Hot on the heels of Cinderella, pantomime returns to the iconic London Palladium for Christmas 2017 with an enchanting new production of Dick Whittington.
Hot on the heels of last year’s hilarious Cinderella, pantomime is back at the iconic London Palladium for Christmas 2017 in the form of Dick Whittington – “oh, yes it is!”
This enchanting new production of Dick Whittington will open at the world-famous venue on Saturday 9 December, produced by Qdos Entertainment, the world’s biggest pantomime producer, and the creative team behind last year’s Olivier Award-nominated treat, Cinderella. An all-star cast, spectacular sets, dazzling costumes and festive laughs in abundance are guaranteed.
Dick Whittington (perhaps most famous in folklore as Dick Whittington And His Cat) is the story of a boy who comes to London to seek his fortune, escaping a poverty-stricken childhood with his feline friend. But despite an initial struggle, the duo go on to hatch an ingenious plan involving the cat’s talent with rattling bells, which propels them both from rags to riches – and a whole series of adventures.
Dick Whittington himself is based on the English merchant Sir Richard Whittington, who went on to become four times Lord Mayor of London, a member of parliament, and a sheriff of London, financing the renovation of a number of public projects and assets.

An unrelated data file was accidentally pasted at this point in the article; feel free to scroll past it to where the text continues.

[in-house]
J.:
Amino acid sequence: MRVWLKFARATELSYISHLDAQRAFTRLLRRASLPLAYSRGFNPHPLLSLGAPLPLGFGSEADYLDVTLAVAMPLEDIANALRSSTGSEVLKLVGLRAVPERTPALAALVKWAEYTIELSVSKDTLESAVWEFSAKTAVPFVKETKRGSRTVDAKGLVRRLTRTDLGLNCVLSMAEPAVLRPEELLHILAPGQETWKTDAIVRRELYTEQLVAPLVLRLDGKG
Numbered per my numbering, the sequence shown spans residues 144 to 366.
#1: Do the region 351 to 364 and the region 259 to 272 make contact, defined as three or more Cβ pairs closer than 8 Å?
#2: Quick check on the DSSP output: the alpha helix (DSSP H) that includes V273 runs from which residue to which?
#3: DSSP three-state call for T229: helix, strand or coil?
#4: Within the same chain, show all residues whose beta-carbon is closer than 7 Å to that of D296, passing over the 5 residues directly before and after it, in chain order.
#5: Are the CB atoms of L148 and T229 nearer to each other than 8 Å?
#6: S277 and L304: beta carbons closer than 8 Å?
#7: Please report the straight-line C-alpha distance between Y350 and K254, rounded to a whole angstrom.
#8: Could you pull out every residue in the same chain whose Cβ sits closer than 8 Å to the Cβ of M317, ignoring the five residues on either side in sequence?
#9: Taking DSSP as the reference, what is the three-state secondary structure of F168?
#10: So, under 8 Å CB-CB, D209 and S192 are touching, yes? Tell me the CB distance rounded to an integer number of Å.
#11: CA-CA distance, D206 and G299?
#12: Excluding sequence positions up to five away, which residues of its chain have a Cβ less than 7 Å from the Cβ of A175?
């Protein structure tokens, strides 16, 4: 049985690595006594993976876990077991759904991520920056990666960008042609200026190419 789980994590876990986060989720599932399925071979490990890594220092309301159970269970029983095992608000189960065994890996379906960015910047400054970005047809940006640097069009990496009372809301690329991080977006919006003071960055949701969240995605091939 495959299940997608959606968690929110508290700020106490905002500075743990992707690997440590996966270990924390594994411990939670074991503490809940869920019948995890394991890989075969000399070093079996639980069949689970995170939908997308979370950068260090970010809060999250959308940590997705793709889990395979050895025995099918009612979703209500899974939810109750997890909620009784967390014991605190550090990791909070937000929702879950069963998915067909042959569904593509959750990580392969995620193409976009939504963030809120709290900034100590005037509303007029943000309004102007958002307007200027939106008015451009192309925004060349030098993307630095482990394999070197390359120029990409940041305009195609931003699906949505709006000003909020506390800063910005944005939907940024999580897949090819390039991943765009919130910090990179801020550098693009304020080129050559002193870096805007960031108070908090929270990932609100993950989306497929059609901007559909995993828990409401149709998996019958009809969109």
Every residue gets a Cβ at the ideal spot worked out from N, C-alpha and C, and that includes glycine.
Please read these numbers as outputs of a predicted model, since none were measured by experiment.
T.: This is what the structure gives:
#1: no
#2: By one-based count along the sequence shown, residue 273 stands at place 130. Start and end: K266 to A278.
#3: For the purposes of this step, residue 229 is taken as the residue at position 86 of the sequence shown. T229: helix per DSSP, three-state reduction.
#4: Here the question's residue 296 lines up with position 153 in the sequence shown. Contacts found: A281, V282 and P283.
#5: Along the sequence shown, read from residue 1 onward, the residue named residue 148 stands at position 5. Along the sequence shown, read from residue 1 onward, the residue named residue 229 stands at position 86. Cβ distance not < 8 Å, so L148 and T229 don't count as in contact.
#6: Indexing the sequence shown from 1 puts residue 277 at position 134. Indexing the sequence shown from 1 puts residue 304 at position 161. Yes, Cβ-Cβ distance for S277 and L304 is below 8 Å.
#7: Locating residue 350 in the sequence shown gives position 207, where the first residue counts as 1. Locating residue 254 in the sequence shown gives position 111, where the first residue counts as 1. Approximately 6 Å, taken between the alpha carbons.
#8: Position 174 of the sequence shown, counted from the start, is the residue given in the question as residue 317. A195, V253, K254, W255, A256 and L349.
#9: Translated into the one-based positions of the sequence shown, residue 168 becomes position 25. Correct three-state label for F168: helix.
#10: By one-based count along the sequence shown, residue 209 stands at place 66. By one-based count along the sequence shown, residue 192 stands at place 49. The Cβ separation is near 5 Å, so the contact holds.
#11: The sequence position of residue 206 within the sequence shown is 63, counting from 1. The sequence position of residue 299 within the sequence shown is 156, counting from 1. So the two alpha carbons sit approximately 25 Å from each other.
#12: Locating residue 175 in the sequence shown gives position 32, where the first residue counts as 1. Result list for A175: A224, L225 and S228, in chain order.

Starring alongside the likes of stage and screen stars Elaine Paige, Julian Clary, Nigel Havers and Ashley Banjo (with the full Diversity troupe in tow), Dick Whittington will be played by Half A Sixpence lead Charlie Stemp, with Emma Williams, Lukus Alexander, Gary Wilmott and Paul Zerdin also participating in a stellar line-up.
With an all-star cast, spectacular sets and plenty of laughs, you’ll need to book early to secure the best seats for the greatest pantomime adventure of them all!
Please note there will be moving lights during the performance, which will have a strobing effect.
Age Recommendation: As a general guideline an age of 5+ is recommended. Children under 3 years of age will not be admitted. Children must be able to sit unaided, in their own seat and be attentive to the performance so as not to distract other members of the audience. Admittance to the auditorium is at the discretion of the theatre management.